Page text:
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Here's what you should know about the first cloudless, 'Jupiter-like' planet

The discovery of 'hot Jupiter' marks only the second time astronomers have observed a cloud-free exoplanet

Artist illustration of exoplanet WASP-62b. The illustration is drawn from the perspective of an observer nearby to the planet. (Credit: M. Weiss/Center for Astrophysics. Harvard & Smithsonian)

The discovery of an exoplanet, especially with unique atmospheric properties, always catches the eye. Astronomers at the Harvard-Smithsonian Center for Astrophysics, a Cambridge-based astrophysics research institute, have now detected an exoplanet, almost Jupiter-like, but without clouds or haze in its observable atmosphere.

This gas giant, named WASP-62b, was first detected in 2012 through the Wide Angle Search for Planets (WASP) South survey. But its atmosphere had never been closely studied until now. Gas giants are planets that are composed mostly of gases -- the likes of Uranus, Neptune, Saturn and Jupiter, which are in our solar system.

An official news release from the Centre for Astrophysics explains how WASP-62b, which is 575 light years away and about half the mass of Jupiter, is known as a “hot Jupiter”. Unlike its namesake planet, which takes nearly 12 years to orbit the sun, WASP-62b completes a rotation around its star in just four-and-a-half days. This proximity to the star makes it extremely hot, hence the name "hot Jupiter," the release adds.

Munazza Alam, a graduate student at the Center for Astrophysics who led the study, used the Hubble Space Telescope to record data and observations of the planet using spectroscopy, the study of electromagnetic radiation to help detect chemical elements. Alam monitored WASP-62b as it swept in front of its host star three times, making visible light observations, which can help detect the presence of sodium and potassium in a planet's atmosphere, the release explains. And, while there was no evidence of potassium, sodium's presence was clear. The team behind the study was able to view the full sodium absorption lines in their data, or its complete fingerprint, the release adds. Clouds or haze in the atmosphere of the planet would have obscured the sodium signature, Alam says in the release. Usually, astronomers can only make out small hints of its presence. The findings around this discovery were published in the Astrophysical Journal Letters this month.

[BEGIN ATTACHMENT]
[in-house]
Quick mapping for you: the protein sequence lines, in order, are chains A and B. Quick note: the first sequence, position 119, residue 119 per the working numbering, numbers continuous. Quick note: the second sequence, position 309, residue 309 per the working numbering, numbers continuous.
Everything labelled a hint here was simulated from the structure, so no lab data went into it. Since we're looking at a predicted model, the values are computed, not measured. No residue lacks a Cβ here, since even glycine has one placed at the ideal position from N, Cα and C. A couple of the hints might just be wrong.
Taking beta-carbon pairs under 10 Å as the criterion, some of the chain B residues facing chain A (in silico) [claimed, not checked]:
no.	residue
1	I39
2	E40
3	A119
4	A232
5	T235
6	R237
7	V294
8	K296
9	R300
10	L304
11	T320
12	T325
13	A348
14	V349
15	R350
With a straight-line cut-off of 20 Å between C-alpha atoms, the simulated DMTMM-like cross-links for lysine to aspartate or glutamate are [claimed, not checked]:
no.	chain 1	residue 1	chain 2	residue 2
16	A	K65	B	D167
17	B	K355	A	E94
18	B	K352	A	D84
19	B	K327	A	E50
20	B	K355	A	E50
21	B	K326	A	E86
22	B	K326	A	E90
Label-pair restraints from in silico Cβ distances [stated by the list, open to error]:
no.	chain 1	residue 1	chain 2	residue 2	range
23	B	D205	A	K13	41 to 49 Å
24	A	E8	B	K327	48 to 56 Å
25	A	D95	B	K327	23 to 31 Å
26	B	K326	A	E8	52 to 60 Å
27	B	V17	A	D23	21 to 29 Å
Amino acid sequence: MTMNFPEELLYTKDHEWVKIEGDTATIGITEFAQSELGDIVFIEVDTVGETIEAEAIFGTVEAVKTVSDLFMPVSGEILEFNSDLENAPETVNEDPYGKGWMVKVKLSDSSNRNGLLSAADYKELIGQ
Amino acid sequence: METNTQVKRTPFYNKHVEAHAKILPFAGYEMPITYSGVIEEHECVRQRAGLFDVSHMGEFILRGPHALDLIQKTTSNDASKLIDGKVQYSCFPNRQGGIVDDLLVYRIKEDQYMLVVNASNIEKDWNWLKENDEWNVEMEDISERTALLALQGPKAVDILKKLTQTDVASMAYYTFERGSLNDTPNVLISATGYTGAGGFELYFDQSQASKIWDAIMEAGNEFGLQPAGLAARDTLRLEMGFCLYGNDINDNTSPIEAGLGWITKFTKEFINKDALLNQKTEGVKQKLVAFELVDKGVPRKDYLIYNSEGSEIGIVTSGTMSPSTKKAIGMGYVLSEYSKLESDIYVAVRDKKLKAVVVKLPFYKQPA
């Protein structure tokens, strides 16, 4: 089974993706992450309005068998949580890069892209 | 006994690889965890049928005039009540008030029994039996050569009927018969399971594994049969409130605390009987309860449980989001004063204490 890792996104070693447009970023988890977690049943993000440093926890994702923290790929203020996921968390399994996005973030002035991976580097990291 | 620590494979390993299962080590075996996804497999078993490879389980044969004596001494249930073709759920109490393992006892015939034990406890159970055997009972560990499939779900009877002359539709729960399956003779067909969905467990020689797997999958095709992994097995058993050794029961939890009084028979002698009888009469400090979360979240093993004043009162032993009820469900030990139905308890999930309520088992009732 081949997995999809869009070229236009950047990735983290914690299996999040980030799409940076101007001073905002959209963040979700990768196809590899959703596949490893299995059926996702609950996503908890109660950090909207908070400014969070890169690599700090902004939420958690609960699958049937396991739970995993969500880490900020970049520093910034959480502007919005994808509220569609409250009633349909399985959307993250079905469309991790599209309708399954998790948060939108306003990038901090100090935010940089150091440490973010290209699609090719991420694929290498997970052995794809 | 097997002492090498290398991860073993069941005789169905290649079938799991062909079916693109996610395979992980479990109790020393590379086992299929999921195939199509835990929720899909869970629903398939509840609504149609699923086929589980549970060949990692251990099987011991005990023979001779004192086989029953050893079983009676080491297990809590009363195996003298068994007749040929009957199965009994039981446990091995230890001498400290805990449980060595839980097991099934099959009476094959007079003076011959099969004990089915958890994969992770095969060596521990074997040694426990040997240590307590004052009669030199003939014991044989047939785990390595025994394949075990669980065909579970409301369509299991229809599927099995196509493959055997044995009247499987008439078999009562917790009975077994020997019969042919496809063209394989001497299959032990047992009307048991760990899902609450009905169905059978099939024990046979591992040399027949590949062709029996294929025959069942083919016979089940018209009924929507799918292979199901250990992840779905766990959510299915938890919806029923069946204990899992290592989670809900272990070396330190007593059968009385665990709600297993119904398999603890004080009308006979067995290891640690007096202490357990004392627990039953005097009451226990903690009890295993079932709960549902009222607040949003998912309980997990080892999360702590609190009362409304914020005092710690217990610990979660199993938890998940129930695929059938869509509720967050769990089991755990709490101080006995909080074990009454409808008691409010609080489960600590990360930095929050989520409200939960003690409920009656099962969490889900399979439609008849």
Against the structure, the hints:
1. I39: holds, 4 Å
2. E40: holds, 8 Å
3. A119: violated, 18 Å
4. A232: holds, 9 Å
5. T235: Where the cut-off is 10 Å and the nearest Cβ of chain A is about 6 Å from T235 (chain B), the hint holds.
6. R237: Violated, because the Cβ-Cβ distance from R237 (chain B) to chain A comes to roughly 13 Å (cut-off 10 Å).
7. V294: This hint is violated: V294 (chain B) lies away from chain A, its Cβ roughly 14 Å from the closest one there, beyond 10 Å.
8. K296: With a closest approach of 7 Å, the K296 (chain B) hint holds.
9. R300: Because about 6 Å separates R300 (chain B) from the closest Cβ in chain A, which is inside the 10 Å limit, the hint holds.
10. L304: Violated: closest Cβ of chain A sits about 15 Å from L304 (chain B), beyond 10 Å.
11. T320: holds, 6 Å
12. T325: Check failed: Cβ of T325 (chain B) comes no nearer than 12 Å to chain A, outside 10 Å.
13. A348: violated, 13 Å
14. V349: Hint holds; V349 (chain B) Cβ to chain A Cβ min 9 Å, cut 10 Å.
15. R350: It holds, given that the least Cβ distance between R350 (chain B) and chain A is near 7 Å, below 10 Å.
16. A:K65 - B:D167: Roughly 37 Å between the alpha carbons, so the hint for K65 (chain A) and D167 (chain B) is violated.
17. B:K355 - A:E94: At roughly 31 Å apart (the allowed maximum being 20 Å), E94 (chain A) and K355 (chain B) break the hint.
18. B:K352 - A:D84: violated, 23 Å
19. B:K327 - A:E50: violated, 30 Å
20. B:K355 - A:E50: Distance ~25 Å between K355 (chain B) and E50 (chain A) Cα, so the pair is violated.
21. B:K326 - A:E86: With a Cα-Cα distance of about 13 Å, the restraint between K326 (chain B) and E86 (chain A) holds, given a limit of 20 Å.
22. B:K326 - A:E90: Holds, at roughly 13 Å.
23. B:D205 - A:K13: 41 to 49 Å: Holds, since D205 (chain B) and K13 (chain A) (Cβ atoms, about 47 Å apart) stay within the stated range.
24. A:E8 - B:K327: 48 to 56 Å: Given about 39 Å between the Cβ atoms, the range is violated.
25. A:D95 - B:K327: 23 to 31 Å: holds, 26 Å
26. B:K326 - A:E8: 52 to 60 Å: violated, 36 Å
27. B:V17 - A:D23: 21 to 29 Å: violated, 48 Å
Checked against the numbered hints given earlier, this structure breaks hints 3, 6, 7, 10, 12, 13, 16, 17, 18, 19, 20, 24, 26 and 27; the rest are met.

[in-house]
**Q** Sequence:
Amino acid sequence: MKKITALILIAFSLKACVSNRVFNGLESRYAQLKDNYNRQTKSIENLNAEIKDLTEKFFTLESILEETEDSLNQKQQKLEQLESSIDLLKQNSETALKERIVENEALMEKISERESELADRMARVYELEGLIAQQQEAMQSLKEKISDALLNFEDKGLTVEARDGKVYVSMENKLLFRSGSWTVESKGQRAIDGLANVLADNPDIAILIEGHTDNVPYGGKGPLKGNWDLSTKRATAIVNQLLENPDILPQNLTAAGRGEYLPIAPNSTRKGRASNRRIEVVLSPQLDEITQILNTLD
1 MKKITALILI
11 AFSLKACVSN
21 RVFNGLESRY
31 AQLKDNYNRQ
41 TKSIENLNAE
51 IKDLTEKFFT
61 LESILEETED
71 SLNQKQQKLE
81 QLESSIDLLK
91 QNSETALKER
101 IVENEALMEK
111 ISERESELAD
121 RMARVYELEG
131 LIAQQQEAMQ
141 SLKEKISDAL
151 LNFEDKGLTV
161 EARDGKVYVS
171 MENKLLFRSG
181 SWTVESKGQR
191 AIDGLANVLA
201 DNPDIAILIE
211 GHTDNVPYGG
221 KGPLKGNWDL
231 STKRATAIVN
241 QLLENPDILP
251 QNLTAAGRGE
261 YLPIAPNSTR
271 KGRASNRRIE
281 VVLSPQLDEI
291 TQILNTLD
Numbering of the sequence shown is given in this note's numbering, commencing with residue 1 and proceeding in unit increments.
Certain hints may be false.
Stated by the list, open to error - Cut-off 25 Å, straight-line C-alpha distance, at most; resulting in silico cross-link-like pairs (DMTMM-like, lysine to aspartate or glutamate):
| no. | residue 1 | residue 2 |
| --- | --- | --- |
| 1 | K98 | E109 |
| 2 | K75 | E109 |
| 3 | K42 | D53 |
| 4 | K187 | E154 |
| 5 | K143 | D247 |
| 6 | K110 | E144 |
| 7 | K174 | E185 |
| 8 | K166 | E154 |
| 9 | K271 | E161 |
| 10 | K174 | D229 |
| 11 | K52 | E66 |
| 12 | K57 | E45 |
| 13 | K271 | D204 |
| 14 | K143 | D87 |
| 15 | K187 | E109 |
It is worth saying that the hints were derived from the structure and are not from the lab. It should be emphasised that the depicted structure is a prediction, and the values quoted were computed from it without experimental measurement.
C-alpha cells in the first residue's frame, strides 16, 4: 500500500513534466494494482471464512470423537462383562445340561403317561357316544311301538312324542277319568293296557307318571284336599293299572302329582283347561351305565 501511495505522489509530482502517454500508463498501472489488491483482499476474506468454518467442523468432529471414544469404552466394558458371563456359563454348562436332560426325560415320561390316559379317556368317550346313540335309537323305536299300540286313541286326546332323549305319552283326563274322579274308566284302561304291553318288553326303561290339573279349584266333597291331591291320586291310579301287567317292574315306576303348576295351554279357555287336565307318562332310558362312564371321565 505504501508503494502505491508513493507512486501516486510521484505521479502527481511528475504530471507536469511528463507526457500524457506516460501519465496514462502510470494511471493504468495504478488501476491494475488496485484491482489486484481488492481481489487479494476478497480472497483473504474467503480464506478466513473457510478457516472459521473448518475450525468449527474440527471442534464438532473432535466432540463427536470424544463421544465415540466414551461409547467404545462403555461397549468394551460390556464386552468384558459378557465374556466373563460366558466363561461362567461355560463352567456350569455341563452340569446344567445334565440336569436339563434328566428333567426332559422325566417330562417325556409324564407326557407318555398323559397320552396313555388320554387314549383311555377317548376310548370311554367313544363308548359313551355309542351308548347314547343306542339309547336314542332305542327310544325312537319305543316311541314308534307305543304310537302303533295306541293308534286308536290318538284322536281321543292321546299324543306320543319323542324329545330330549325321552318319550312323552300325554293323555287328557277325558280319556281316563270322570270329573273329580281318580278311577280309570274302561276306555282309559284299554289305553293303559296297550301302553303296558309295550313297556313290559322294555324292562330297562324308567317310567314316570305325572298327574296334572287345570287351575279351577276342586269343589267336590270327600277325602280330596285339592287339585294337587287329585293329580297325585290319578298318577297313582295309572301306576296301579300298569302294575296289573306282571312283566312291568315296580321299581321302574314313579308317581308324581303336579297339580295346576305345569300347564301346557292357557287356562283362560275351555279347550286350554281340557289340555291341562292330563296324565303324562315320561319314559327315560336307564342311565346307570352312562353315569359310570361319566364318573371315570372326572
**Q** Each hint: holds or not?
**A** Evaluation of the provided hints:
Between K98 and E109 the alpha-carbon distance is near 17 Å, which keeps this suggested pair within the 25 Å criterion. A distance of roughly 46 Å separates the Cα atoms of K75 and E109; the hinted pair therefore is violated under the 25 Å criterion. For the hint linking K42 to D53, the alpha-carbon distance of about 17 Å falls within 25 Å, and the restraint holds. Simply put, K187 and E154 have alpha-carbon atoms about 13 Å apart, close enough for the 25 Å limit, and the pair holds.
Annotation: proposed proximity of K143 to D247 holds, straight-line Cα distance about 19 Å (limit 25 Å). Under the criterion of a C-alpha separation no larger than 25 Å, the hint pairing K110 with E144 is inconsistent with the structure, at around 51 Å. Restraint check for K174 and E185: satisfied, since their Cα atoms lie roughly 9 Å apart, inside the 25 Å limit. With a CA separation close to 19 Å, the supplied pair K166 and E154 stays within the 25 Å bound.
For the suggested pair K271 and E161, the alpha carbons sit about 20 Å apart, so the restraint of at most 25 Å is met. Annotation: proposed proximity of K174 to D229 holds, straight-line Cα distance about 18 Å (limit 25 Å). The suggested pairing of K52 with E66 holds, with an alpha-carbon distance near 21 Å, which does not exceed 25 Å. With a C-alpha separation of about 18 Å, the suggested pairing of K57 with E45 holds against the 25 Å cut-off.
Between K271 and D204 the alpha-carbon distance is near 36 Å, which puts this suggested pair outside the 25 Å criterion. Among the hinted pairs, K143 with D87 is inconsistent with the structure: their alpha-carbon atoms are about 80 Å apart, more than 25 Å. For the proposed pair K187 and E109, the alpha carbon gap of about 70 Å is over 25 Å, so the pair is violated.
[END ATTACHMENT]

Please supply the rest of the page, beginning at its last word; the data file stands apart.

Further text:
Cloud-free planets are quite rare -- astronomers estimate that less than 7 percent of exoplanets have clear atmospheres, based on recent research. The first and only other known exoplanet with a clear atmosphere was discovered three years ago. Named WASP-96b, it is classified as a hot Saturn. This makes the discovery of WASP-62b all the more special.

One of the benefits of studying exoplanets with cloudless or clear atmospheres is that it makes it easy for scientists to analyze the composition of planets, which can help identify what they are made of. Now, researchers at the Center for Astrophysics are hoping to learn more about WASP-62b with the James Webb Space Telescope, which is due to be launched later this year and will offer far more improved technologies than its predecessors.

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